British Linen Bank Glasgow armchairs & table
SOLD TO GLASGOW MUSEUMS
A unique and historically important pair of Scottish Art Nouveau imposing armchairs and an en-suite centre table, in ebonised oak (now beautifully and richly mellowed) with superbly carved detail; by the Scottish architect-designer, James Salmon (1873-1924) of Glasgow.
Salmon was one of the most original architects working in Scotland at the turn of the 19th C. Amongst other projects, he designed the famous Hatrack in Glasgow as well as the building and interiors for the British Linen Bank in Glasgow; a forerunner of the Glasgow Style and Scottish Art Nouveau. Both the chairs and accompanying centre/side table (the latter with Voyseyesque shaped drawer profile) have the carved monogramme of BLCo, which represented the British Linen Company, which subsequently became the British Linen Bank.
These chairs and table ( and accompanying six single chairs available separately) were designed for the Hutchesontown Branch of the British Linen Bank, Glasgow c1901, for what they termed the Agents Room, (Bank Manager). Managers of bank branches in Scotland were (until 1946) known as Agents. This was seen as a highly important job. Agents would be well known and respected throughout their area. They would often have been solicitors or businessmen before being appointed Agent, and many were able to continue their previous career while running their bank. The Agent had to prove himself trustworthy and of excellent character to get the job. As the agents room was the equivalent to a (very senior) managers office today, important customers who needed to speak personally to, or be interviewed by, the branch manager would be invited into that room, so it was important that it created a very good impression with the customers.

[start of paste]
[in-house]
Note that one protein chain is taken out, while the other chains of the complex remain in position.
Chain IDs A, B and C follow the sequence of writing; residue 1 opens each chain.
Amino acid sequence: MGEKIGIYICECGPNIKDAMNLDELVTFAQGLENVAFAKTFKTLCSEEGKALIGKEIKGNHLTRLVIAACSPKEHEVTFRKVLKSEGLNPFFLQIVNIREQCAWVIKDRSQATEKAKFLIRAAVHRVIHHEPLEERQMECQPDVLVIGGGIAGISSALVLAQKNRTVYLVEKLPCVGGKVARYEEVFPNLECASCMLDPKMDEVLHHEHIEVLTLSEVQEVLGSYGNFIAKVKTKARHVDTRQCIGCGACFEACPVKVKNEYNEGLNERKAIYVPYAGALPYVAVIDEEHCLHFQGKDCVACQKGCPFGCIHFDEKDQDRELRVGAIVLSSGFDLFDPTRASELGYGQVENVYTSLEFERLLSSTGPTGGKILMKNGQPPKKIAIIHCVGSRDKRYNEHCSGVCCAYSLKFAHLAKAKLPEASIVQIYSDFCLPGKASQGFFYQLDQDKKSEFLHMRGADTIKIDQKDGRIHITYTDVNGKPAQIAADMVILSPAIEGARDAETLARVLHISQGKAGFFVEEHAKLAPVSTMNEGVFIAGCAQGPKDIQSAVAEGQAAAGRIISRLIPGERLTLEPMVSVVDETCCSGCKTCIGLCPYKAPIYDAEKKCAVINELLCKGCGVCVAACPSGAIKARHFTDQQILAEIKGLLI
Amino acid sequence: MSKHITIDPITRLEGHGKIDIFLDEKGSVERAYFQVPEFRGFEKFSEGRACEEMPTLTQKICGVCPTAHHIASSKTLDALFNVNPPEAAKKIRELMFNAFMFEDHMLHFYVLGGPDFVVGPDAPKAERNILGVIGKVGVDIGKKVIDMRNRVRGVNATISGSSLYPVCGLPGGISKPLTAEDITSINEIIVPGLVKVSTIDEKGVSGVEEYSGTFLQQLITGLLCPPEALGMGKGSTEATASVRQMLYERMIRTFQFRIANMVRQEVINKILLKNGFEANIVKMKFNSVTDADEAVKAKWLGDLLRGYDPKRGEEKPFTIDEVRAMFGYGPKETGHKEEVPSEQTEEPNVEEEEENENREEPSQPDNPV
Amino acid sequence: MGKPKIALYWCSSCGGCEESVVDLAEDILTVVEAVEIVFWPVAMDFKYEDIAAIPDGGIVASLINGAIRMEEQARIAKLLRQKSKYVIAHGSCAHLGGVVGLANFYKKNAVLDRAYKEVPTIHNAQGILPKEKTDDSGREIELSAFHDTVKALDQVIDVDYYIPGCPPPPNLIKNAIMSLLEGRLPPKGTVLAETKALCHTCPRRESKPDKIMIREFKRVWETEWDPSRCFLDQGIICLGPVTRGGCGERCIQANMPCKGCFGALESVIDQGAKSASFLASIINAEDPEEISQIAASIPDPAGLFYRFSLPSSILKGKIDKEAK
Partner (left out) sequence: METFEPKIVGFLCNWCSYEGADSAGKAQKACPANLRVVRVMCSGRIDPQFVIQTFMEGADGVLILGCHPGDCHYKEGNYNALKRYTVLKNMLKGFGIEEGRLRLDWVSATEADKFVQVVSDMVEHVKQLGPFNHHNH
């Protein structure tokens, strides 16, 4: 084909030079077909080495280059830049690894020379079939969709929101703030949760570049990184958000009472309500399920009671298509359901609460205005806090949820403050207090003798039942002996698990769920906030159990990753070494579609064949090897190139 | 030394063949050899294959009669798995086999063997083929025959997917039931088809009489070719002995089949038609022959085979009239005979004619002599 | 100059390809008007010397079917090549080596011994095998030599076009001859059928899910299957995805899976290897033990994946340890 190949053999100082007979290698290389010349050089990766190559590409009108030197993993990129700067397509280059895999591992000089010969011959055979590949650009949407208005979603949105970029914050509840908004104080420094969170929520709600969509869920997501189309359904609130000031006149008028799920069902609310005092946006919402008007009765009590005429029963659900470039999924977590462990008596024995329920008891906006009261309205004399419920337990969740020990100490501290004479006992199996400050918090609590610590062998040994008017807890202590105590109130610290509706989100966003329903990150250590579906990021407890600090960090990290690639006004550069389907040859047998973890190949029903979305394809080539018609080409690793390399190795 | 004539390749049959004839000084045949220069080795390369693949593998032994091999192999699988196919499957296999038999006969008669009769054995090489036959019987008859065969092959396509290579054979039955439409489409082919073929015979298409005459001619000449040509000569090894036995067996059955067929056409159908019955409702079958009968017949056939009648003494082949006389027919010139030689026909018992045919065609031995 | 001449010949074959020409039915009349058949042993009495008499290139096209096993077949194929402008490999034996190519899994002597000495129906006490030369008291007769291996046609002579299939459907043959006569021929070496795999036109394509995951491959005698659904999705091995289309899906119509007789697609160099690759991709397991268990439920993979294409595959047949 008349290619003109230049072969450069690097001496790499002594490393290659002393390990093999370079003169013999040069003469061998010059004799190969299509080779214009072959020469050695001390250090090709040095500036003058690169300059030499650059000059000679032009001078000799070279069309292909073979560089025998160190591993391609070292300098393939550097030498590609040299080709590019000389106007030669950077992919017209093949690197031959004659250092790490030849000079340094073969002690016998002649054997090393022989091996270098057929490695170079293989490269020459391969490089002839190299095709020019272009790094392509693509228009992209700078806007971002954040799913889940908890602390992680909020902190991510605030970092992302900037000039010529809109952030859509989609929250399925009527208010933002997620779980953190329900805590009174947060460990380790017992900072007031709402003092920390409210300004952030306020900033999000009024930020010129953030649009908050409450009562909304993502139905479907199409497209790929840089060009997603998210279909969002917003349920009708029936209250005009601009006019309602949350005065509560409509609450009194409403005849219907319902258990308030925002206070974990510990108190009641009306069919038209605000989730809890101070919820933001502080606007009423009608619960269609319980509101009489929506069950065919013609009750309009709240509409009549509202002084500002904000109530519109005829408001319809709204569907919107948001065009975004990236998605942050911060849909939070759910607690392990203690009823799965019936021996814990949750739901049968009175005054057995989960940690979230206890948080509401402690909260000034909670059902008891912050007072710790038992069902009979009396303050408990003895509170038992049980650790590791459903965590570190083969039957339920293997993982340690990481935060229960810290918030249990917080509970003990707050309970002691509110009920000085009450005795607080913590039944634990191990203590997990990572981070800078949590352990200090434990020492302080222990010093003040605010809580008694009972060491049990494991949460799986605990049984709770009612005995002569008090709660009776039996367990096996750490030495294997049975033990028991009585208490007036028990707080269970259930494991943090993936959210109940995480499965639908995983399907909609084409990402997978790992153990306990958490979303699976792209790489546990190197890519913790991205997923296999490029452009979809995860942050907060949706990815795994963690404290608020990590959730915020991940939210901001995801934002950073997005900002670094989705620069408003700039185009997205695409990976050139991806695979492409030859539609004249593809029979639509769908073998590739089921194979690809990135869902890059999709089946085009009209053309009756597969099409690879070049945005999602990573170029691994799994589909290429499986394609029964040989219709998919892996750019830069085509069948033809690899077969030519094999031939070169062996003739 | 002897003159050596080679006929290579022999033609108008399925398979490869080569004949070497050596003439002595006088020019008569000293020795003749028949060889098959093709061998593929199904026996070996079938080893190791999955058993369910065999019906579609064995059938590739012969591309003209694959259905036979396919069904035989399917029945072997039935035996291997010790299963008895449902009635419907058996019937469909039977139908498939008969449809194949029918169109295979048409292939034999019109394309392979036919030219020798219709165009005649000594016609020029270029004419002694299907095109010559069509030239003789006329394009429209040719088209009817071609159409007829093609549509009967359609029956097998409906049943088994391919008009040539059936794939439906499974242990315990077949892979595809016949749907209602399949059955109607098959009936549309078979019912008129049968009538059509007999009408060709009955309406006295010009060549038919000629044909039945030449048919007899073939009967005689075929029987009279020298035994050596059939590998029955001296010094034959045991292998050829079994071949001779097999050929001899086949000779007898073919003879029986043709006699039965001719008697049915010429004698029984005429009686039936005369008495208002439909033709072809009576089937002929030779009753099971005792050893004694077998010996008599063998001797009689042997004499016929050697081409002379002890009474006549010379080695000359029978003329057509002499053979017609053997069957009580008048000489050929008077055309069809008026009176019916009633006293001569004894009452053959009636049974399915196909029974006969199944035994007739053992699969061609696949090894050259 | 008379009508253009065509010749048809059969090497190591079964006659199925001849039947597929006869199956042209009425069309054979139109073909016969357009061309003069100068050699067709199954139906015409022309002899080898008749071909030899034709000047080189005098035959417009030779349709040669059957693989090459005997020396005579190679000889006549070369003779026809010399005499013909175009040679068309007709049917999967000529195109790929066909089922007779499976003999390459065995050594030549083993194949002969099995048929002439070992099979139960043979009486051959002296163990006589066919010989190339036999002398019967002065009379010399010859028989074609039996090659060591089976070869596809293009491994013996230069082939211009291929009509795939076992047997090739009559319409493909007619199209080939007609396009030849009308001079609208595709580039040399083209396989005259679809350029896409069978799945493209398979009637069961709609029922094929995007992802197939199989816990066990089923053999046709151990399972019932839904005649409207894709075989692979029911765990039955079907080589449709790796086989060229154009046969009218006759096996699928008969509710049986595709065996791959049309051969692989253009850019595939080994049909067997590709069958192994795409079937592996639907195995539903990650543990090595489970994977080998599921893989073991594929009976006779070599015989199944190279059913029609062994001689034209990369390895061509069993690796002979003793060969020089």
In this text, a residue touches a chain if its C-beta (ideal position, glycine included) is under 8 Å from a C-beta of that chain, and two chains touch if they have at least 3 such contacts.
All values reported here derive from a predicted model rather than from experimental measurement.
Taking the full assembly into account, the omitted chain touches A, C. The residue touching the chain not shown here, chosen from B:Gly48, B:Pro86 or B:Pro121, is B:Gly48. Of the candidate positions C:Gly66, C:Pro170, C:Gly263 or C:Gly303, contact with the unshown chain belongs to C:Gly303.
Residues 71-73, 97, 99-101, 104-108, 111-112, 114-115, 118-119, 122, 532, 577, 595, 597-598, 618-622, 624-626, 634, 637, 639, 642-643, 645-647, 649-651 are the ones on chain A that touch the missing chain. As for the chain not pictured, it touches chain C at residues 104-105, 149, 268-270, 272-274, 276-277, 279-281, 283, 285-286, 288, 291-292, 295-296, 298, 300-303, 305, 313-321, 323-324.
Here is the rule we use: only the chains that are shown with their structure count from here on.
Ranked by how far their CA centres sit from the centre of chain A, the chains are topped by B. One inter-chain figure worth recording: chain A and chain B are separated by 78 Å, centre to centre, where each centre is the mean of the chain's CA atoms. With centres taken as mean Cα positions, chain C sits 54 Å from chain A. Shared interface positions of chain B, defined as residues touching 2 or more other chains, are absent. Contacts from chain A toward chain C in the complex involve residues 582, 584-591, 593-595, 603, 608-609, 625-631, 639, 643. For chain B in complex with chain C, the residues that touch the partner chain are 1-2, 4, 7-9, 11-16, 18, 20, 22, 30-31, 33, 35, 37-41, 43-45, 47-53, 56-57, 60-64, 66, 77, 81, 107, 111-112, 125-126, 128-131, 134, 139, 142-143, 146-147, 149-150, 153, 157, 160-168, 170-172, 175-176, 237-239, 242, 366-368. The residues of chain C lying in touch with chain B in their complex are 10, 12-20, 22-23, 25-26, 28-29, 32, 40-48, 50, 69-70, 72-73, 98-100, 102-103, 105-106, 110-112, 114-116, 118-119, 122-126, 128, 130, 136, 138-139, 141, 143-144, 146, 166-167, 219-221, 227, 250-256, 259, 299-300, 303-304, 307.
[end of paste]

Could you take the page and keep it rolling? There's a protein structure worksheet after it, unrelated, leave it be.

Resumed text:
Ref: James Salmon (1873-1924) by Raymond O Donnell p93, which also shows an archive photograph (from the Royal Commission on Ancient and Historical Monuments of Scotland) of the actual Glasgow Style Agents Room containing this unique suite of furniture. My thanks to Ian Milne of Limehouse Design, Dundee and also to Amanda Noble, Archivist of HBOS Group Archive, for the background research information.